2017 Venice Biennale Journal: Day 1

I decide to immediately head out and brave through my stomach virus. I stopped at a tiny bakery and ordered food to sustain me. My order was prosecco, focaccia with olives and sopressata, and a scoop of hazelnut gelato, all fantastic.

Venice is all mazes and alleys, no cars, no bikes. It is easy to get lost in this amazing city. Having lost my iphone I was resorting to old-school navigation, asking for directions in my limited Italian and writing things down. Immediately I recall the fun of getting lost and not caring about time. This is a very special phenomenon in Venice. You cannot be in a hurry and you must enjoy the trip, no matter how brief, as much as the mission or destination. It reminded me of my first time here ten years ago. Old sensations, thoughts, and ideas re-emerged from that trip in October of 2007. I was reminded of how much I love the light, the colors, and the textures of the buildings. I was reminded of how nice the Italians are to all the local tourists. I was reminded of fast-paced and stressed American life is by comparison to life in Venice. Continue Reading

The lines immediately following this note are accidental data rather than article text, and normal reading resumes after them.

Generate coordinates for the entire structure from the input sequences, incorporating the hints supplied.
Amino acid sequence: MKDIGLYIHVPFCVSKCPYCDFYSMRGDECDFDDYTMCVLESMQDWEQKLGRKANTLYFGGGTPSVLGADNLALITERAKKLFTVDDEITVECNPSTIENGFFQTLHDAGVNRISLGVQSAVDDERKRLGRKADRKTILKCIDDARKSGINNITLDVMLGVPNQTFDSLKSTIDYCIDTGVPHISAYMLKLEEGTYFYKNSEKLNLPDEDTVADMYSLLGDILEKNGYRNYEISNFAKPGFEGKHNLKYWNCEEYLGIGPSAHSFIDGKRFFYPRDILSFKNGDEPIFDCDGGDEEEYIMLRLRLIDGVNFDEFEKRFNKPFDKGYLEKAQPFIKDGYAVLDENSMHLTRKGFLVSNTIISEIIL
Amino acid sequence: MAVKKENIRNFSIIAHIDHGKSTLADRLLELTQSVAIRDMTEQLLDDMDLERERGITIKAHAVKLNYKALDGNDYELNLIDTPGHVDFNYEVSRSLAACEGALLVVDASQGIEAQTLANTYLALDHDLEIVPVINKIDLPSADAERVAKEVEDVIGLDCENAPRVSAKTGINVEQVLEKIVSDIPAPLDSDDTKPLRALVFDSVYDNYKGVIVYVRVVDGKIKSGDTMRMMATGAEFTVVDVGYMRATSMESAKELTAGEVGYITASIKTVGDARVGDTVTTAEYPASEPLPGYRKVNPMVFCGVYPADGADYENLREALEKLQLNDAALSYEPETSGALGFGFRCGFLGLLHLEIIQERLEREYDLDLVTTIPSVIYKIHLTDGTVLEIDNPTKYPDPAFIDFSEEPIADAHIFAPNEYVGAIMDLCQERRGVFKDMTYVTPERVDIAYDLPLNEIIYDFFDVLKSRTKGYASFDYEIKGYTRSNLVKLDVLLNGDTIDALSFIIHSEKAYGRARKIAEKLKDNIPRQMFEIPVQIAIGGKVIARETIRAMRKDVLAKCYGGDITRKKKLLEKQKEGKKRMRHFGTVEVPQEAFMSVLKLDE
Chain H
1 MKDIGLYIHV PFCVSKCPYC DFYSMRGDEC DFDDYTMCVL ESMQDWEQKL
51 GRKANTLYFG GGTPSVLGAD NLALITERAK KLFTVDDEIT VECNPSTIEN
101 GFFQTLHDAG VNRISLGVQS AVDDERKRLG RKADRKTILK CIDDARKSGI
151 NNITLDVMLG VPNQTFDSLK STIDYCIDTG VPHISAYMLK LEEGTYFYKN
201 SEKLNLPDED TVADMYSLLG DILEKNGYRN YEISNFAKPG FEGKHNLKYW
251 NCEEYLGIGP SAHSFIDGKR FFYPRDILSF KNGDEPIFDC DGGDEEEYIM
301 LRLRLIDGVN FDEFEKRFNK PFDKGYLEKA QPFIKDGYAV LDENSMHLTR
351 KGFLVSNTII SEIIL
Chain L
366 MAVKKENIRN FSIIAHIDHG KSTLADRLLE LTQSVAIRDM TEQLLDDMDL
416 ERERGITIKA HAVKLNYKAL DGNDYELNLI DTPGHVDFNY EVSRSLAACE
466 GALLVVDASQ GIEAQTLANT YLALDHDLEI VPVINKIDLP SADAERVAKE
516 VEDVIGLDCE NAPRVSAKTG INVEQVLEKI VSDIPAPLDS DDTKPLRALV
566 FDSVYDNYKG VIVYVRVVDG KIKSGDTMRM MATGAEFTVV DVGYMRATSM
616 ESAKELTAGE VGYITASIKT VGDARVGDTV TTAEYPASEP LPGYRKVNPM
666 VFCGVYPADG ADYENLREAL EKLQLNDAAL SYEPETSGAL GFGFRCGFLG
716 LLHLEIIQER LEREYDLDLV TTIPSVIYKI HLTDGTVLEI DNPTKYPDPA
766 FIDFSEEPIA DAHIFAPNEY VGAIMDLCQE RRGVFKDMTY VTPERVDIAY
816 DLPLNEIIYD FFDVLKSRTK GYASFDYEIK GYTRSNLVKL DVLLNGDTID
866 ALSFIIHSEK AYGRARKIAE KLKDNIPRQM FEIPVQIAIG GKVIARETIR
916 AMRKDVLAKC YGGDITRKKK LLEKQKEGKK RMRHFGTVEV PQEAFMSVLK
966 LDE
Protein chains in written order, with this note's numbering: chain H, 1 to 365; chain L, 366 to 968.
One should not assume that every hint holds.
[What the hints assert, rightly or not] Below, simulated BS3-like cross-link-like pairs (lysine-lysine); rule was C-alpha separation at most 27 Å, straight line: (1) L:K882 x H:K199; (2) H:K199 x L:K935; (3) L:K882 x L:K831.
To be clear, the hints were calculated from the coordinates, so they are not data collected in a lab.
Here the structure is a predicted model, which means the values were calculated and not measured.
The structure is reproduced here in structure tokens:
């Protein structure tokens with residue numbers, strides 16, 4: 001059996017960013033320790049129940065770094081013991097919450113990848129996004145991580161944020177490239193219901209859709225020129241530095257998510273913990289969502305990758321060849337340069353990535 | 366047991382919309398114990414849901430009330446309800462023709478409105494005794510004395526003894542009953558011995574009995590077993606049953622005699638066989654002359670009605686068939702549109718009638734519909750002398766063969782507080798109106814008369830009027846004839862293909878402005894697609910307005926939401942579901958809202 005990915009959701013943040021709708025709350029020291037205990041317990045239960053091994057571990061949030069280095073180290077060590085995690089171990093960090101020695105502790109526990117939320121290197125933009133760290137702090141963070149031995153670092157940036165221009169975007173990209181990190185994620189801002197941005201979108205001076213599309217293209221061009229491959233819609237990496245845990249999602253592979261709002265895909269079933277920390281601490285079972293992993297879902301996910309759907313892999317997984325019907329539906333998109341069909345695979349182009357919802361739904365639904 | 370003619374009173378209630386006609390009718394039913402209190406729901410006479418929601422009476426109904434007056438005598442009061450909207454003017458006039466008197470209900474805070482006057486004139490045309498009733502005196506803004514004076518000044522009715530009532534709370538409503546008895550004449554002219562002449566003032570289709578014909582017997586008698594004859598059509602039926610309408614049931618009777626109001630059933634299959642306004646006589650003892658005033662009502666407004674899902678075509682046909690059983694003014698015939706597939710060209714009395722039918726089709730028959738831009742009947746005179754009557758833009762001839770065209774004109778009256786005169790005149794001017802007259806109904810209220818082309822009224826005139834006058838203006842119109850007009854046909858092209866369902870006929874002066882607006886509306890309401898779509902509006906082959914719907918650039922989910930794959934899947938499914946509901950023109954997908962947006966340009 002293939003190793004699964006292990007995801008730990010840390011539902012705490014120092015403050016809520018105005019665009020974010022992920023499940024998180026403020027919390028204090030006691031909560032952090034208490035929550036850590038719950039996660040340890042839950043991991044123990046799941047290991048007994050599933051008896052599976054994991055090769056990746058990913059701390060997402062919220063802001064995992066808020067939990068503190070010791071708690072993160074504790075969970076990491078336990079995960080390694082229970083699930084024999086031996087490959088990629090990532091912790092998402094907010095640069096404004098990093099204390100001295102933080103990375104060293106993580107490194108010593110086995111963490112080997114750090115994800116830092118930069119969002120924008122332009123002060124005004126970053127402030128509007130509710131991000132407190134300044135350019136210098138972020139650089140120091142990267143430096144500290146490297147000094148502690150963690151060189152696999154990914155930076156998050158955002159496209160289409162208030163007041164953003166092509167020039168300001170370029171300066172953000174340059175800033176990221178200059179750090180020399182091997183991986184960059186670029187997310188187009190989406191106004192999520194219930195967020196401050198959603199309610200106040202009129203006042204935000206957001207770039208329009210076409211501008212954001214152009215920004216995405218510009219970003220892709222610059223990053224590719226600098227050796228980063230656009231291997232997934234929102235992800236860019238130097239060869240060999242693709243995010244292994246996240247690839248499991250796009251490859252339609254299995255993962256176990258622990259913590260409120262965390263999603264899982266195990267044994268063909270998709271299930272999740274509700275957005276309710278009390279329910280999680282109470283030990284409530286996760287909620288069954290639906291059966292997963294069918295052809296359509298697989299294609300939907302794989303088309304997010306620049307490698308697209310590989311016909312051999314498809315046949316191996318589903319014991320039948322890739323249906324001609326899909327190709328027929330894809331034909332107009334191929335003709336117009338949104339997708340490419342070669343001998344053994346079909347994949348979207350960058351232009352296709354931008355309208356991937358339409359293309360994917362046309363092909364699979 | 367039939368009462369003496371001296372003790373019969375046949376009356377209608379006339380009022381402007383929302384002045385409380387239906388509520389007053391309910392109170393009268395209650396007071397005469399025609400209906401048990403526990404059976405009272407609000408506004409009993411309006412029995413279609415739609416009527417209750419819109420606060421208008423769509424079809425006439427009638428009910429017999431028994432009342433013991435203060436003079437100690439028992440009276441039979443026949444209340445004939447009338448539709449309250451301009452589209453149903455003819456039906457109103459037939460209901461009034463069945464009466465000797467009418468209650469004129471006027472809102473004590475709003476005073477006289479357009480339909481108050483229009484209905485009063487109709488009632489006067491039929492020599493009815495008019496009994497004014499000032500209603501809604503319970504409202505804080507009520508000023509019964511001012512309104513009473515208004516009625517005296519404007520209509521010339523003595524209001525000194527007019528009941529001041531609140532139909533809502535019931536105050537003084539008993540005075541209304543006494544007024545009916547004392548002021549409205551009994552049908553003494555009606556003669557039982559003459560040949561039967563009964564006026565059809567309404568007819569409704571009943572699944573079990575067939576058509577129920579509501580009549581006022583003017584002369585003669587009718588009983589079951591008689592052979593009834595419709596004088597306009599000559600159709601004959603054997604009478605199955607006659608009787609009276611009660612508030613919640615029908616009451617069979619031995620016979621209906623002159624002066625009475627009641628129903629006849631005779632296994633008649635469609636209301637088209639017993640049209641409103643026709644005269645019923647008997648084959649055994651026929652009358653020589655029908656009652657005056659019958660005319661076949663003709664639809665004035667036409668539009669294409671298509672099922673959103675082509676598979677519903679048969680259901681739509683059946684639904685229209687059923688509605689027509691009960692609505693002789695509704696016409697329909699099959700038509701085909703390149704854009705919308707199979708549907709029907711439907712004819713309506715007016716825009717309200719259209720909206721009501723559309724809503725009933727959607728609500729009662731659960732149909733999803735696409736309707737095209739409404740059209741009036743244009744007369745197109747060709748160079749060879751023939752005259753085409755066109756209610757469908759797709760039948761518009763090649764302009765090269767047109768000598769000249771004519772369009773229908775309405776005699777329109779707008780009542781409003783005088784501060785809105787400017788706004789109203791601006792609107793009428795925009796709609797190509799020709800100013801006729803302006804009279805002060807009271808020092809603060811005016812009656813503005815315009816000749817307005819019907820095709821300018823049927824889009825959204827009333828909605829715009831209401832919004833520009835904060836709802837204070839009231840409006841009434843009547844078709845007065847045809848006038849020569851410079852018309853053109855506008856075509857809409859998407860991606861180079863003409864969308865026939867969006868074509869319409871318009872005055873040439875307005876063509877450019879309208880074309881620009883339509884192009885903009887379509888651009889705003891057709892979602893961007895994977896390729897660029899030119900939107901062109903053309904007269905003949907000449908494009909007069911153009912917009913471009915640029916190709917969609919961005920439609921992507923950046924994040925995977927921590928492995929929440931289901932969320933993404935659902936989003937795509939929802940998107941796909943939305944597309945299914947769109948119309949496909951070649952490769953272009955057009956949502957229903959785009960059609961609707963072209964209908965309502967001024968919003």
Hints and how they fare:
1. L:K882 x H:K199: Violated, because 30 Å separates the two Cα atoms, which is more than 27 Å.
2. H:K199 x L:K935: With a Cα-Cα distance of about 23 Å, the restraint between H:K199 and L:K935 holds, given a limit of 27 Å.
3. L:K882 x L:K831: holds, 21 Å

An Email To David, My Trump-Voting Friend

George Magalios

Note: This email was written in response to a link ( sent by my friend David. 

Hi David, Great seeing you and Silvia Friday. I really enjoyed it. 

Thanks for this article. I say thank you because the article inspired me to think about you and my other friends who voted for Trump and who continue to be swept up in the false bravado and cynicism of so-called Conservative beliefs. 

Let me start by addressing the article you sent. I usually just delete links from you and my other friends when I realize they are going to garbage websites that try to stoke the worst values in people. I dismiss them like I dismiss misguided beliefs of people I love. But this time I felt compelled to write you a proper reply and to convey my truest emotions and thoughts. I hope you will take this reply as a genuine act of respect and friendship.  Continue Reading